# Base Twelve and the prime Numbers

## by Don Hammond

The dozenal base quickly and easily reveals a fundamental property of prime numbers.

For natural numbers in base twelve greater than 3

• All numbers terminating with even digits are divisible by 2 and so are not prime.
• All odd numbers terminating with 3 or 9 are divisible by 3 and so are not prime.
• There exist prime numbers of two or more digits which terminate with 1, 5, 7 or E.
This means that prime numbers written in base twelve will end in 1, 5, 7 and eleven (but not, of course, that all numbers ending in these digits will be prime).

Hence the set of natural numbers terminating with 1, 5, 7 or E must contain all prime numbers greater than 3, and excludes all odd numbers divisible by 3.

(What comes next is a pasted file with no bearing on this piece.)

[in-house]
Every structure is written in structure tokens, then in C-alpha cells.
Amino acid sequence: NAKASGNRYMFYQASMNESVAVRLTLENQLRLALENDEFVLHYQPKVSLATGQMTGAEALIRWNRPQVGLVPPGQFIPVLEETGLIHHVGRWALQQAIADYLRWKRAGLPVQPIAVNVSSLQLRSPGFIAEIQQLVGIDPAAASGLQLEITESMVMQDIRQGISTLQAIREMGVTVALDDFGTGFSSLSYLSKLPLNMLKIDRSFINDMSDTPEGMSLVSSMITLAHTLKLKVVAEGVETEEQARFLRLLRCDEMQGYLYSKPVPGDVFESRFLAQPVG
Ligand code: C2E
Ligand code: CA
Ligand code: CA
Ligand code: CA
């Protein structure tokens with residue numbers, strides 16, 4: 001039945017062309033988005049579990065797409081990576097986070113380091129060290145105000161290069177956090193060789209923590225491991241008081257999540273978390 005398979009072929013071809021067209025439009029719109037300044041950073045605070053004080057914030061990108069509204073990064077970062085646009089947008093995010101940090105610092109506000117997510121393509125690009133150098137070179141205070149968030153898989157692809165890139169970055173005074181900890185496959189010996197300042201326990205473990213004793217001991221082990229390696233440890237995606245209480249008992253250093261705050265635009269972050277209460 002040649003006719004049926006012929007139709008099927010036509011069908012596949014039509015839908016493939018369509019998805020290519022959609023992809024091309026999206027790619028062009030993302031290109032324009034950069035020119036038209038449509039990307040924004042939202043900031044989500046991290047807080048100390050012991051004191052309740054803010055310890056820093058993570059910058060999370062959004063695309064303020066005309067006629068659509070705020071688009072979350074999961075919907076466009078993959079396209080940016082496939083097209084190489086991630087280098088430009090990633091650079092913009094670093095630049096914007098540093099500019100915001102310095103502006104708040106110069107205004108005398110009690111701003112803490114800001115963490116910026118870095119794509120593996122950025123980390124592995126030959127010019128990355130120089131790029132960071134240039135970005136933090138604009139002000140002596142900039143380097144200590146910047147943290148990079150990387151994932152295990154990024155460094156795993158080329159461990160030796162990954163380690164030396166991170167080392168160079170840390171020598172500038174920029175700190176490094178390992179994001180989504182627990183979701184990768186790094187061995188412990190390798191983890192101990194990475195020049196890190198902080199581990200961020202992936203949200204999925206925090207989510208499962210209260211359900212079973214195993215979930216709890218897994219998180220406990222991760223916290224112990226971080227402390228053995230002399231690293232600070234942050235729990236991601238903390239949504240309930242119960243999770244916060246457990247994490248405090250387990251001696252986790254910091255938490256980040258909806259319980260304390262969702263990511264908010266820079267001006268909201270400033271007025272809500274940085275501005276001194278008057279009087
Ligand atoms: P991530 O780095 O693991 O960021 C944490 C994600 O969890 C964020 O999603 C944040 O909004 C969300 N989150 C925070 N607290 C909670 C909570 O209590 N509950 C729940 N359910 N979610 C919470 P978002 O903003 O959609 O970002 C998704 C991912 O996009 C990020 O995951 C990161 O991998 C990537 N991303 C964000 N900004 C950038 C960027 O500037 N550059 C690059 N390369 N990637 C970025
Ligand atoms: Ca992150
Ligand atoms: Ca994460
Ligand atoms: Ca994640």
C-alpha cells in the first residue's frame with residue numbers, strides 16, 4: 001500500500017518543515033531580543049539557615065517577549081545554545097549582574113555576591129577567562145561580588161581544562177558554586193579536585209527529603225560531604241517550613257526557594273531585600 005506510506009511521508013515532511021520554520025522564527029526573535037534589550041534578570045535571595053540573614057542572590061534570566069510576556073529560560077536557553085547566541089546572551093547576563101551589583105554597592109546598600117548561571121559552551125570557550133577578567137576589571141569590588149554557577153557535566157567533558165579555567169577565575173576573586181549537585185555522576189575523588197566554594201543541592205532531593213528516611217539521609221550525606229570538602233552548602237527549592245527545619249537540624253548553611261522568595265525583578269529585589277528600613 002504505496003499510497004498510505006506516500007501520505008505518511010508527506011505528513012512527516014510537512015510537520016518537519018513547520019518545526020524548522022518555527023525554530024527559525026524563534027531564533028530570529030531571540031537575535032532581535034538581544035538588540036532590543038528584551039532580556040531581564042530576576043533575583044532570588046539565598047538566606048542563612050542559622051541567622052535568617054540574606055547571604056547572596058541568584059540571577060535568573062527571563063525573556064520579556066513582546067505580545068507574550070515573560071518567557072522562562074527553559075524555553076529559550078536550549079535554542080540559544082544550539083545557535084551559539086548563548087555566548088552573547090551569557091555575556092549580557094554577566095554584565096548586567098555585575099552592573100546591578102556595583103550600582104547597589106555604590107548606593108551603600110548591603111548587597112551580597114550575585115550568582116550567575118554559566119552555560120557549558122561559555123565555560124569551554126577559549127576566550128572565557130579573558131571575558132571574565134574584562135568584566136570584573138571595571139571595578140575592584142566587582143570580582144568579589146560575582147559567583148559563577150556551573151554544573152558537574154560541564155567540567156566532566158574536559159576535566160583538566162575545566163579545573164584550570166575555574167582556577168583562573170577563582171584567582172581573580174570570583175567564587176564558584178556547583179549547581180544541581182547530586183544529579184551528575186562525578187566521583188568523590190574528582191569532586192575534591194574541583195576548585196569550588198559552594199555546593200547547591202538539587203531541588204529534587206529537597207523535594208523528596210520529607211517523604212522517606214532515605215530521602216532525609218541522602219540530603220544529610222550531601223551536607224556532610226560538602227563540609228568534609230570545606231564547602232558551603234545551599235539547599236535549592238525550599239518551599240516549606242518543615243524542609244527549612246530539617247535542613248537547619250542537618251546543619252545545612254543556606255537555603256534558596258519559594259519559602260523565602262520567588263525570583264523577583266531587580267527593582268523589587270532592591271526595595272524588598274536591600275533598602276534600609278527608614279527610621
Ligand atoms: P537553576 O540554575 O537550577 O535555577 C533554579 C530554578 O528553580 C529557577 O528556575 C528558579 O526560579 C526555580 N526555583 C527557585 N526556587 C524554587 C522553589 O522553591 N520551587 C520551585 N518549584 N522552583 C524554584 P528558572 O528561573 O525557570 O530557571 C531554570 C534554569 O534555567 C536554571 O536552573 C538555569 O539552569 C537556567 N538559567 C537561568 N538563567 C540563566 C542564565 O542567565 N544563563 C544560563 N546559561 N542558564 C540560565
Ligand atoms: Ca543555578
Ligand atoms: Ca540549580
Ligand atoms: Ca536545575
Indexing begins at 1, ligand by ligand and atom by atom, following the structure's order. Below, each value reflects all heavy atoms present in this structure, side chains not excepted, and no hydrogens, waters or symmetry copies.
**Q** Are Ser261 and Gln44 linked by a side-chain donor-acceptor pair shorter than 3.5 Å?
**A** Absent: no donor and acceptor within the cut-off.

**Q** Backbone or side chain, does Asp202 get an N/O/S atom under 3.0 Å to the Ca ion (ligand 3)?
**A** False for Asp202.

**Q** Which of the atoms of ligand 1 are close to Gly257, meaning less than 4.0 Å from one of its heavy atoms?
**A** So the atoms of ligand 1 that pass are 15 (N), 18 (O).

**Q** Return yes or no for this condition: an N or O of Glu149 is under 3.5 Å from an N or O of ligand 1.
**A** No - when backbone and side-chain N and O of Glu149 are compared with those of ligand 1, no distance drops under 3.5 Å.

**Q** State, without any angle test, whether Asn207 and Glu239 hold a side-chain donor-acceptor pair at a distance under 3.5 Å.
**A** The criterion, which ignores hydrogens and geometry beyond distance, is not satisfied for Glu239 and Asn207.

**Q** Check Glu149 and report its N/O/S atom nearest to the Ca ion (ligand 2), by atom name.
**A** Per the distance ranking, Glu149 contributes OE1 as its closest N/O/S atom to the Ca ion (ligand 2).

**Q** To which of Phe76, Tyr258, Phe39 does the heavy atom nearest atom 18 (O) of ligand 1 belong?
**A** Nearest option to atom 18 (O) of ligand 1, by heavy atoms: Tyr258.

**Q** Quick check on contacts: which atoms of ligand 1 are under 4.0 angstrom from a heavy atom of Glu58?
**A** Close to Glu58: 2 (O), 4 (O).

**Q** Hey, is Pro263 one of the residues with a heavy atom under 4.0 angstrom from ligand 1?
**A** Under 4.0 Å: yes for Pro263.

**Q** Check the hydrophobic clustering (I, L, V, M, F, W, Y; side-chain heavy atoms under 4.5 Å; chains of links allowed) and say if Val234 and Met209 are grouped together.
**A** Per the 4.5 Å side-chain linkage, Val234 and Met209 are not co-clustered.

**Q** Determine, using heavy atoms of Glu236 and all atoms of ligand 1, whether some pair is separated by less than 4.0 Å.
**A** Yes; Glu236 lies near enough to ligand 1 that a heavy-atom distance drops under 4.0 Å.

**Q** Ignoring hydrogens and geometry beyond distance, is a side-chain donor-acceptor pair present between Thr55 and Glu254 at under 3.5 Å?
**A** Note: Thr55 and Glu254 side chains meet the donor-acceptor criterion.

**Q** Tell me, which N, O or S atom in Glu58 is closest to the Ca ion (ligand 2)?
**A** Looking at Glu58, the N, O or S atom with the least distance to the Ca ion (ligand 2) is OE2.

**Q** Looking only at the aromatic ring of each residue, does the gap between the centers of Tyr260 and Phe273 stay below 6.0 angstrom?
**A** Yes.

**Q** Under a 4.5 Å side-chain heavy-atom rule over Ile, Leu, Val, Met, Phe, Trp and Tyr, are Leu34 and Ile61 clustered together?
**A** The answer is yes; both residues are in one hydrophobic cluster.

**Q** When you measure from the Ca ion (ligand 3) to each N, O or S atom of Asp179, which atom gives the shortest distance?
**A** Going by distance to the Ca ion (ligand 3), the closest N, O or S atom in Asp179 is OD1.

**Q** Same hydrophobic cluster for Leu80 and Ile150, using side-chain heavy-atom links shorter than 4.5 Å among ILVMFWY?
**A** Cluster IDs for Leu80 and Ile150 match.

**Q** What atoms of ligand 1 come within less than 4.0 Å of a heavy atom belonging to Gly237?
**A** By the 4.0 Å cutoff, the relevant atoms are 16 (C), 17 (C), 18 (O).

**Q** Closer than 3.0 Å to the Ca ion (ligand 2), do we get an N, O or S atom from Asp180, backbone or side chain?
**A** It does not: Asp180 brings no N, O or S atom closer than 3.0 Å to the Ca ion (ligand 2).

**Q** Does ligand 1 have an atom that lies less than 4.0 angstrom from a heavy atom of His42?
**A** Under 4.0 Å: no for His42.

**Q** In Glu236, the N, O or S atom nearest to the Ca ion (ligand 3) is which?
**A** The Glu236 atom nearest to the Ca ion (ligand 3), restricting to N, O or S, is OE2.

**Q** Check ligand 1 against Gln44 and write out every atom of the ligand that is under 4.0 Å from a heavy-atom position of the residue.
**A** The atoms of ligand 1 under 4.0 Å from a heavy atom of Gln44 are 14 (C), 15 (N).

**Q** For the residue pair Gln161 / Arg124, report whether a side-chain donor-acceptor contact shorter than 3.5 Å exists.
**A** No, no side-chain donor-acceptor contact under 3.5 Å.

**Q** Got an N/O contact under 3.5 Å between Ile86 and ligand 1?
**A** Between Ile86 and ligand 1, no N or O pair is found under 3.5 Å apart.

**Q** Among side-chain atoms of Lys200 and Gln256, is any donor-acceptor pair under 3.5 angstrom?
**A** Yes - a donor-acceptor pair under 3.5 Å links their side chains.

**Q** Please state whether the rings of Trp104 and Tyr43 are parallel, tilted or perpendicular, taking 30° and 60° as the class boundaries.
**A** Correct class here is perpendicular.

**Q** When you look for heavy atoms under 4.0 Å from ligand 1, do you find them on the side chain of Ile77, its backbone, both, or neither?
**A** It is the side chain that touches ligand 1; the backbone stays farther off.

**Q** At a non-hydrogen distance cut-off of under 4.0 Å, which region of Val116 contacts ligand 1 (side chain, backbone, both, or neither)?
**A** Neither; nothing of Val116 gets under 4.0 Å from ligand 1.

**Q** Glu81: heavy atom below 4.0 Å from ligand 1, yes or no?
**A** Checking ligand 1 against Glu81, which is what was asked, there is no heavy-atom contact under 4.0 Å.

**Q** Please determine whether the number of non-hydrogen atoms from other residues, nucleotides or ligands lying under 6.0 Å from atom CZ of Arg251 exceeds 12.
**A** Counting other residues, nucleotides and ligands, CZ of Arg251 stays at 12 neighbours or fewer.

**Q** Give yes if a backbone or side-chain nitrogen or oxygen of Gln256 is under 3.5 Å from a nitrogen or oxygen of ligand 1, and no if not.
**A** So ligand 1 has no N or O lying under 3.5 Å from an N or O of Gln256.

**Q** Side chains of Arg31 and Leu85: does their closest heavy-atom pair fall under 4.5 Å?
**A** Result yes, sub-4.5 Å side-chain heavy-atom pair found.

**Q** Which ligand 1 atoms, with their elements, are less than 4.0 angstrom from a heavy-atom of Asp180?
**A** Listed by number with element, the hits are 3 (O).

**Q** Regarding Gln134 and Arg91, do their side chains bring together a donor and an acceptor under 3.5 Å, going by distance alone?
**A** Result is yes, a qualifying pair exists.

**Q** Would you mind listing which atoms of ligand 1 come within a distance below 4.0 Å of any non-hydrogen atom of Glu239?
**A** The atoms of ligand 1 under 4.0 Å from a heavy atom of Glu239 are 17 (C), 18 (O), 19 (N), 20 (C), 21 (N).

It follows that this is the minimum set to contain all primes greater than 3.

Rearranging the terminal digits as 5, 7 and E, 1 shows the set to be of the form

(6n ± 1)

Therefore the minimum set of natural numbers to contain all primes is:

{ 2, 3, (6n ± 1) } n ∈ N.

This last statement is a factual property of prime numbers and is therefore true regardless of the number-base.
It also explains the occurrence of "twin primes", since the only possible position for primes greater than 3 are "each side" of the multiples of 6.

The fact that prime-number positions are completely controlled by 6 (itself the product of 2 and 3, and the companion of our dozenal base) is often not realized even by those with an interest in the subject.
It is never found in school text-books, and even Hall and Knight do not mention it in their "Higher Algebra", which is regarded as a standard work.

I wonder why ... ?